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Is there a cleaner way than foreach to get an array of all "label" values?

$methods[0]['label'] = 'test';
$methods[0]['nr']    = 99;
$methods[1]['label'] = 'whatever';
$methods[1]['nr']    = 10;

foreach($methods as $method) {
    $methodsLabel[] = $method['label'];
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I do not think foreach is unclean. Do you think it is unclean because you prefer functional programming? – systemovich Feb 24 '11 at 17:56
I also think your code is just fine the way it is. Not only will it be fast, but also very easy to read and maintain... everyone knows how to look at a foreach! – Petar Zivkovic May 22 '13 at 10:02
@PetarZivkovic thank you for your opinion! – powtac May 22 '13 at 11:00

No, there is no faster way than your implemented code. All other methods will be slower due to the overhead of a function call. For a small array the difference will be trivial, but for a large one (100 members or so, depending on implementation), the difference can be huge...

You could array_map it, but I'd stick with the raw PHP you posted above... It's easier to maintain and IMHO more readable...

After all, tell me which at a glance tells you what it does more:

$results = array();
foreach ($array as $value) {
    $results[] = $value['title'];


$results = array_map(function($element) {
        return $element['title'];


$callback = function($element) {
    return $element['title'];
$results = array_map($callback, $array);

Personally, the first does it for me the best. It's immediately obvious without knowing anything what it's doing. The others require knowledge of array_map semantics to understand. Couple that with the fact that array_map is slower, and it's a double win for foreach.

Code should only be as elegant as necessary. It should be readable above all else...

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I changed my description, I was not searching for a fast solution I was searching for a more cleaner solution. – powtac Feb 24 '11 at 17:41
@powtac: I still stand behind a straight foreach is more readable and easier to understand. And you're talking the same if not less code with the foreach, so I fail to see the benefit... – ircmaxell Feb 24 '11 at 17:42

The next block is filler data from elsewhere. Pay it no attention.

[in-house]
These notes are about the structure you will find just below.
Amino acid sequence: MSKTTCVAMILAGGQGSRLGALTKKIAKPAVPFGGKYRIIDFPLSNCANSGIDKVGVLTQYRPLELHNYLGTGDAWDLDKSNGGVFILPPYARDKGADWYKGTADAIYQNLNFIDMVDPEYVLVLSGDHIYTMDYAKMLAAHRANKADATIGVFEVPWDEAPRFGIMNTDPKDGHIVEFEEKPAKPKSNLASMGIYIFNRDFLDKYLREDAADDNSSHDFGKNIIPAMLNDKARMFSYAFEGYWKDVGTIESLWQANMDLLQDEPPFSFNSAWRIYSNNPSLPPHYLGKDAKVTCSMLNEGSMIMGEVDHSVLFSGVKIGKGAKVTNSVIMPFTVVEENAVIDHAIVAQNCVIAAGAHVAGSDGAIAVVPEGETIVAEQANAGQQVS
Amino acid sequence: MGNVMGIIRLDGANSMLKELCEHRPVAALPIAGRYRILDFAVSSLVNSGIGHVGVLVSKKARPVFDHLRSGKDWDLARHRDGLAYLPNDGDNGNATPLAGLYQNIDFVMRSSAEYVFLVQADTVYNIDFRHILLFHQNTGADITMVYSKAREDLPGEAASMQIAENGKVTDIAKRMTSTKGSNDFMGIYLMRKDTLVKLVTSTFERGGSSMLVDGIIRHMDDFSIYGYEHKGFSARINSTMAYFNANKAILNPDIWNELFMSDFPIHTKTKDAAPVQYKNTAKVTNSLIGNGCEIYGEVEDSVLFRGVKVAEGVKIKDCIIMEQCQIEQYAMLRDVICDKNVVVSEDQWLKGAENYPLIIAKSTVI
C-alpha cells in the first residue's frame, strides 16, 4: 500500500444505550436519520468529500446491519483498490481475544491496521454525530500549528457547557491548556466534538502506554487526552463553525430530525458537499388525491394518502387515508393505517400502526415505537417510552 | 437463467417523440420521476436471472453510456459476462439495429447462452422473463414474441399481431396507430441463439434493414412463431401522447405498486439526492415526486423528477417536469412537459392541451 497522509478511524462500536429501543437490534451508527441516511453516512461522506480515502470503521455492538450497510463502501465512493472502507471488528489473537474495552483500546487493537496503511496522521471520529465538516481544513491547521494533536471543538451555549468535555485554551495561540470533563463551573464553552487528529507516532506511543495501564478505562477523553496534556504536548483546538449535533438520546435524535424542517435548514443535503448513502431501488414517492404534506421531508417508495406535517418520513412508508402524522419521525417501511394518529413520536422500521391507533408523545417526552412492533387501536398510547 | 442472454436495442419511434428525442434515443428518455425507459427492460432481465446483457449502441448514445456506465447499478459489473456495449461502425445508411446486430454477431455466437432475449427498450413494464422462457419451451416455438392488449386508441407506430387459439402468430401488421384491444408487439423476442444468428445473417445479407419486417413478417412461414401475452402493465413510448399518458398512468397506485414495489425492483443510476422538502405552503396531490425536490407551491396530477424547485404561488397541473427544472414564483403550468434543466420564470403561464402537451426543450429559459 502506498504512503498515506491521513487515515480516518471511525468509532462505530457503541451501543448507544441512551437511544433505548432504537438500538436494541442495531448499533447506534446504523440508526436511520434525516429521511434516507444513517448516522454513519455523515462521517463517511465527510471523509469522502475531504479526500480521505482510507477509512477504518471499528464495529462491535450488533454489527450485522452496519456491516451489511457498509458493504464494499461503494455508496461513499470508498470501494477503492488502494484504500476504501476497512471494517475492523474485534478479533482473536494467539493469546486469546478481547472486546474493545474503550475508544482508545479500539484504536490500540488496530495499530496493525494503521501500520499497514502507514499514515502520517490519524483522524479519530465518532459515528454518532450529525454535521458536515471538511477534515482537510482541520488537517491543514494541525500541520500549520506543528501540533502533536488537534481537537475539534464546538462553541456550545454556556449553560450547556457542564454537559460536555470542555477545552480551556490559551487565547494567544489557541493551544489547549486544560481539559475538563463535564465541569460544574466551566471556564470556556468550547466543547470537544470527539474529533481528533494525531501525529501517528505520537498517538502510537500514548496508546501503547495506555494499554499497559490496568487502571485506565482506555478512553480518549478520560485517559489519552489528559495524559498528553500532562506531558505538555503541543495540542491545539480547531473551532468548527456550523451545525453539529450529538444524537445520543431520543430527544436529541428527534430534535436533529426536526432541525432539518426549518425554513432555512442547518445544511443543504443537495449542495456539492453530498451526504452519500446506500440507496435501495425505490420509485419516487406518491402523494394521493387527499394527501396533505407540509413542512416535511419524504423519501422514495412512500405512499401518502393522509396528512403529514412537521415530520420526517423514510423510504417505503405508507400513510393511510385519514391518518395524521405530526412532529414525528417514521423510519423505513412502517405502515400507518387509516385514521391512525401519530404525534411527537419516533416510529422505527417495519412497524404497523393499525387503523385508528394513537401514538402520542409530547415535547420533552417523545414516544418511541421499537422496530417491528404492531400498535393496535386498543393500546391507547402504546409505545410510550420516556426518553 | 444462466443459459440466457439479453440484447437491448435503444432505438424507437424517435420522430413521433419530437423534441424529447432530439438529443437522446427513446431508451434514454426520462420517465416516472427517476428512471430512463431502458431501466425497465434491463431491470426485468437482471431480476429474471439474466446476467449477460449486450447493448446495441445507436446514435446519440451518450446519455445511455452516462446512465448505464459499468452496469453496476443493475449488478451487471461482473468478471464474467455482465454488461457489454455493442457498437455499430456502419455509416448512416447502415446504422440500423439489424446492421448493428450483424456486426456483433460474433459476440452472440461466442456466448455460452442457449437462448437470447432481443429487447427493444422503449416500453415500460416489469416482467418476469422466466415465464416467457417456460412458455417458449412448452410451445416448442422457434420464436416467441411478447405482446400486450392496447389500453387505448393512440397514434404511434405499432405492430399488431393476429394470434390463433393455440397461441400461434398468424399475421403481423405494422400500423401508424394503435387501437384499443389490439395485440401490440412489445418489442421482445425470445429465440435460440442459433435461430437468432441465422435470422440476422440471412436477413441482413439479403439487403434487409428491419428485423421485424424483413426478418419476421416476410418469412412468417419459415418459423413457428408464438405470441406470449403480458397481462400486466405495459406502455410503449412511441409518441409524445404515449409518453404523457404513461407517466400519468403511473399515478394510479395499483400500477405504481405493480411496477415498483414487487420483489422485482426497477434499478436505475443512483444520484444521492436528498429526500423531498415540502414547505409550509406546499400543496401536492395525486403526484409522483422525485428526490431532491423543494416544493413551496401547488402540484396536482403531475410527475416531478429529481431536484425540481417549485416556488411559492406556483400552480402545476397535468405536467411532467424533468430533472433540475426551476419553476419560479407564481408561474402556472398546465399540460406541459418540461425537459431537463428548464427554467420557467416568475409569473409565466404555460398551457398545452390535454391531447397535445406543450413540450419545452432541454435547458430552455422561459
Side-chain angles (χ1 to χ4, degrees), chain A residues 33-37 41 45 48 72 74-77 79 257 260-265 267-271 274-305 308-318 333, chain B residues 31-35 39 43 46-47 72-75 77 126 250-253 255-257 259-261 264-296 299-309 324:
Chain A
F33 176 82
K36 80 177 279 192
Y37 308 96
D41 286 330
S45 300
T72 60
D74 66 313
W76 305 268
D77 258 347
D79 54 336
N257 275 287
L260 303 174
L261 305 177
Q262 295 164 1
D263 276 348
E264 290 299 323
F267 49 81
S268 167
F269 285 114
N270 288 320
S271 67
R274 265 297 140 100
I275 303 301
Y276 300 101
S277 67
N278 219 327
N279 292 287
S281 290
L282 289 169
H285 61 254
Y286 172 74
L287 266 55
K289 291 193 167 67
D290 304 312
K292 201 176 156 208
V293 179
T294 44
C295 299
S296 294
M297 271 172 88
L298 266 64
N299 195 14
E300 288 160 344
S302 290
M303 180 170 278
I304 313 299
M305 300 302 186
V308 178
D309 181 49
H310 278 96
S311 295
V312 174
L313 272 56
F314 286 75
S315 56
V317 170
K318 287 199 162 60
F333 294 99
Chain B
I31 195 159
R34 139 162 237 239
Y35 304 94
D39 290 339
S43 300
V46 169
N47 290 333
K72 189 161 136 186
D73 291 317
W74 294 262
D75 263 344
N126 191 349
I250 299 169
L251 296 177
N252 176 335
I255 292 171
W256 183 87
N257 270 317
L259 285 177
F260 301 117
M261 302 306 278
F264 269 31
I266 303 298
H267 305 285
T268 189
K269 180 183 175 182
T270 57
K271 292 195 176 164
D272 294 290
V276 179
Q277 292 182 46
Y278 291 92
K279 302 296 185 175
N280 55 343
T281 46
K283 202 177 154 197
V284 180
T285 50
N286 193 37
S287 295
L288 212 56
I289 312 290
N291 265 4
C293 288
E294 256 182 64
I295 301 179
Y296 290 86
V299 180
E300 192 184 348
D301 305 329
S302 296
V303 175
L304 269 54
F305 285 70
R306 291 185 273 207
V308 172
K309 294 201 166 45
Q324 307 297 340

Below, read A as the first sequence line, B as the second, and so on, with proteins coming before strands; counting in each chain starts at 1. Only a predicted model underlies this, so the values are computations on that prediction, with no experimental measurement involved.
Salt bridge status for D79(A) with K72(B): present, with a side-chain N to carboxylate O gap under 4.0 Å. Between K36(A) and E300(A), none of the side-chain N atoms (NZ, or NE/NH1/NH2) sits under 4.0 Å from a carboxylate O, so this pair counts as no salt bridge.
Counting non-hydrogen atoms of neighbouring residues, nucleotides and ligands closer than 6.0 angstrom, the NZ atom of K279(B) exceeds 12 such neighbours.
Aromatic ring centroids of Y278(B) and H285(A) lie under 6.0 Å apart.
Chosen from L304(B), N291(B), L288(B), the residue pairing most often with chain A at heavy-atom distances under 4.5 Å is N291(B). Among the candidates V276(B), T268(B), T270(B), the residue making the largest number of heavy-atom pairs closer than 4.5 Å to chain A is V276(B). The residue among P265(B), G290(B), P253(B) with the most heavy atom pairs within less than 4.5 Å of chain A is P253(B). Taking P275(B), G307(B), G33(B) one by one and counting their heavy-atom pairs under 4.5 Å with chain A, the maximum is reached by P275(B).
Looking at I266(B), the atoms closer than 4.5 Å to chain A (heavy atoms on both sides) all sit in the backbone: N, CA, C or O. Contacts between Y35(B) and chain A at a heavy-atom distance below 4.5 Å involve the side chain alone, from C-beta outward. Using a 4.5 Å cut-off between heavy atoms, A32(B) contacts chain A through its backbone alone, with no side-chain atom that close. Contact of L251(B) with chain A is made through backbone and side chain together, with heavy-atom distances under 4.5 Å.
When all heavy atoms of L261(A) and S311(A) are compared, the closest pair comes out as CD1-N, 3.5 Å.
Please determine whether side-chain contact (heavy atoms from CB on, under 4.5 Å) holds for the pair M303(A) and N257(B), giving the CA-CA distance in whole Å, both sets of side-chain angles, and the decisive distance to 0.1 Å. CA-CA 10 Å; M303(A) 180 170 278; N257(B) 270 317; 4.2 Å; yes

Sure, use array_map:

function getLabelFromMethod($method) {
   return $method['label'];

$labels = array_map('getLabelFromMethod', $methods);

If you are on PHP 5.3+, you can also use a lambda function:

$labels = array_map(function($m) {
   return $m['label'];
}, $methods);
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Ok, but this are still 3 lines of code and also it requires to define an extra method. :( And for the moment I search for a nice solution in PHP < 5.3. – powtac Feb 24 '11 at 17:36
@powtac See updated. – Jacob Relkin Feb 24 '11 at 17:37
Beside array_map() there is no other solution? – powtac Feb 24 '11 at 17:38
@powtec Not that I know of. – Jacob Relkin Feb 24 '11 at 17:38
I tried this for something similar and it was slow as hell. Faster just to use the foreach directly. – Endophage Feb 24 '11 at 17:40
array_map('array_shift', $methods);

Here assumption is that label will be the first element of each array.

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This is a nice idea! – powtac Feb 24 '11 at 17:40
@Gaurav array_shift works on associative arrays? – Jacob Relkin Feb 24 '11 at 17:42
@Jacob: yes it does. – ircmaxell Feb 24 '11 at 17:43
@Jacob : Its working fine here. – Gaurav Feb 24 '11 at 17:44
Be very careful with this. If the assumption breaks for any reason (that the label is sorted differently for any reason), the code will return incorrect results. – ircmaxell Feb 24 '11 at 17:48

On PHP 5.3+ you can use an anonymous function paired with array_map.

$methodsLabel = array_map(function($item) { return $item['label']; }, $methods);
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Didn't realize you needed pre-PHP5.3. – efritz Feb 24 '11 at 21:31
Added it later... ;) After I saw your solution. – powtac Feb 25 '11 at 9:18

As of PHP 5.5+, this is exactly what array_column does:

$methodsLabel = array_column($methods, 'label');


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If label is first element in array then "current" with array_map will work fine.

array_map('current', $methods); 
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